three bent legs
Mock-Up or Shut Up
In this post we go through the creative and practical benefits we found when we started to mock-up our images in photoshop.
Before we started creating previsualisations, or mock-ups, for projects in photoshop, we would occasionally draw sketches of what the sets would look like - but our talent for drawing is questionable and these doodles were never much help to us. They lacked the detail that would make them useful working documents.
We started using photoshop to mock-up our photoshoots about a year ago. We did it first for our personal shoots, so that we could practice it, find out what works for us, see if it was worth the investment of time, and get comfortable with it. Then, around six months ago, we began implementing it into our client work.
Of course, we don't mock up for every project. Mock-ups can take anywhere from days to weeks so it completely depends on a client's budget and needs, and whether the shoot is complex enough to require it. For a photo of a bottle on white you probably don't need to previsualise (ho ho).
But for the most part previsualisations are invaluable and the benefits are enormous:
It Gives Us More Time
Adding previsualisation to our workflow crystallised the projects for us, and also for our clients. In fact, it generally made for a better working experience - it made client relationships better as it put their minds at ease and we could proceed knowing that we were on the same page, and they could be confident in the vision.
As well as designing mood boards and shot-lists, we now had a stage where we could put the two together and see the concepts as a whole. And although it does take time to create mock-ups, we've found that it ultimately saves time; when we're shooting, we know what we want and we're executing the idea that we've worked out ahead of time, rather than trying to figure it out on the fly. We're not wasting time in trial-and-error.
It Allows Me To Let Go and Problem-Solve Better
Working on the designs in photoshop allows us to make duplicates and play around as much as I want, knowing I can always return to an earlier idea. I can take a few days away from a project, let my subconscious do the heavy lifting, and come back to the project with fresh eyes and my ideas intact.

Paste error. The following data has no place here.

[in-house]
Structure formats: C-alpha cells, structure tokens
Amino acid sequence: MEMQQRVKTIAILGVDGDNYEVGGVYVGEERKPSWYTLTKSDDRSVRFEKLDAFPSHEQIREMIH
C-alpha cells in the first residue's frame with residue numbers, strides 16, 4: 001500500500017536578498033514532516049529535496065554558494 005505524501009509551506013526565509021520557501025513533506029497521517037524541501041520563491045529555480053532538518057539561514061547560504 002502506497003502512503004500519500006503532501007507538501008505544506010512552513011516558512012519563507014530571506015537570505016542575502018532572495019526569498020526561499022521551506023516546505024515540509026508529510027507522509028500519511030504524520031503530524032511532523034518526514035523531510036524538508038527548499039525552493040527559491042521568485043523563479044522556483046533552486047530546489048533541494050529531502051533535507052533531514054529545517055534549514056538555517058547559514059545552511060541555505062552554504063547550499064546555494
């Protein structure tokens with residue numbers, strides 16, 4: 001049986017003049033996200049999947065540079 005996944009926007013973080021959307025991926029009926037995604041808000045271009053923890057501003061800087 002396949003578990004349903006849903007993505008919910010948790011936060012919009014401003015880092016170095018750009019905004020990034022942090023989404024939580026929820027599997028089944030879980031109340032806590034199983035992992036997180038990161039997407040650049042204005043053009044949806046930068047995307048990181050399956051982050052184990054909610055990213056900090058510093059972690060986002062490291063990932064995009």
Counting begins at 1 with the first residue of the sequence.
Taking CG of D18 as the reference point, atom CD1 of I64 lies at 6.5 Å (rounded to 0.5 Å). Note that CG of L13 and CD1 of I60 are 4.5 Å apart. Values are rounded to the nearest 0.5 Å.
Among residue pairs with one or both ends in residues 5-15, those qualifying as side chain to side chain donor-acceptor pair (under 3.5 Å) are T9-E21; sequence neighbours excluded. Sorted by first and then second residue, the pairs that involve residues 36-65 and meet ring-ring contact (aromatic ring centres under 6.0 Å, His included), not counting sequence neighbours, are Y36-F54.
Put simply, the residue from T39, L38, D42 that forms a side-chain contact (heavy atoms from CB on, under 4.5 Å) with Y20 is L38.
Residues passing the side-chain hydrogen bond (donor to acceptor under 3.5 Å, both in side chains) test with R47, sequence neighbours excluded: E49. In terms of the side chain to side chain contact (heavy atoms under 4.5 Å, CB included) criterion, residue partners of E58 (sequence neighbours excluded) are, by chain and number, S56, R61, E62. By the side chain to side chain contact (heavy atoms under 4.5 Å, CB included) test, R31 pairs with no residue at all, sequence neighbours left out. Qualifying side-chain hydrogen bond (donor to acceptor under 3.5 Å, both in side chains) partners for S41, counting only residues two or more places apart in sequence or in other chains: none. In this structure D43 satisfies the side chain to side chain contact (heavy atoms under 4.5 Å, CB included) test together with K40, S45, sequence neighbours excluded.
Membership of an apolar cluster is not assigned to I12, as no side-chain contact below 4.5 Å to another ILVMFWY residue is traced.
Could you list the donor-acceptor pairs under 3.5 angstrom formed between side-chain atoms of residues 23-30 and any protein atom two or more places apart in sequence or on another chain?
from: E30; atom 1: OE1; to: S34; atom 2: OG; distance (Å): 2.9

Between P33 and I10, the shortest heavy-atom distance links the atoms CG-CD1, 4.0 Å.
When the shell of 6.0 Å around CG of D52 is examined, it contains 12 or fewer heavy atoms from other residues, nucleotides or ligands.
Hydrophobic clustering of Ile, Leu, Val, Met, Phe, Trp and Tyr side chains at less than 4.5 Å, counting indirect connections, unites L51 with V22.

This keeps me in a creative, playful, open mindset.
It Helps with Consistency
Designing a consistent set of images and maintaining a singular look can be challenging. There are times when I have had a lot of ideas and I want to do all of them, which has left me with a very muddled vision.
Now that we mock-up, I can lay all my ideas on the table and move them around like a puzzle. At first I had thought that this might shut down half of my ideas, but in fact it did the opposite. I was able to implement more of my concepts by adjusting elements to fit within the themes. And seeing the whole collection side-by-side is a great way to make sure we're on track.
It Irons Out Any Problems Early On
I mention on our blog post Why Concept Creation Takes So Long that we take the time to identify any issues we might have in the pre-production stage. Mocking-up our images is a large part of how we do that. It allows us to break down any creative and practical issues in a visual way, which we might not have recognised before the idea has left our heads - which also helps relay any concerns to clients. And that means less chance for reshoots and major revision - a total lifesaver.
It Means Less Stress On Shoot Days
Knowing precisely what I want the image to look like beforehand takes away the stress of having to make any big creative decisions on the day of the shoot. We can focus on the technical aspects and work quickly, which can be especially beneficial when working with things like food. As an added bonus, when working with a larger team we have a document that everyone can refer to and quickly understand, which ensures that everyone is pulling in the same direction.
It Instils Confidence in Clients
Since implementing mock-ups, we've found that relationships with our clients have become stronger and more enjoyable. As clients are waiting two to maybe six weeks to receive their images, I can imagine they would be excited but also quite anxious to see them. After all, they're investing money and require a certain result. They want to feel that it was worth the cost.
Mock-ups are a great way to ensure that you and your clients are on the same page, and avoid disappointment. With previsualisation they can see what the images will look like early on, and they have the opportunity to provide feedback or change anything they're unhappy with before giving the final OK. We've seen a definite change in our clients since we've started showing mock-up, and we see a lot more excitement now.
In one instance, we had a great client who didn't want to exceed a certain budget for props. It wasn't unreasonable, but we knew that if we had some more wiggle room it would improve the images dramatically. When we delivered the mock-ups to the client they came back to us and instantly doubled the prop budget. The mock-ups sold the idea for us.
We made a short Instagram reel showing our mocks up compared to our final images for one of our client shoots - I'll pop the link here, if you're interested.
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See you in our next one!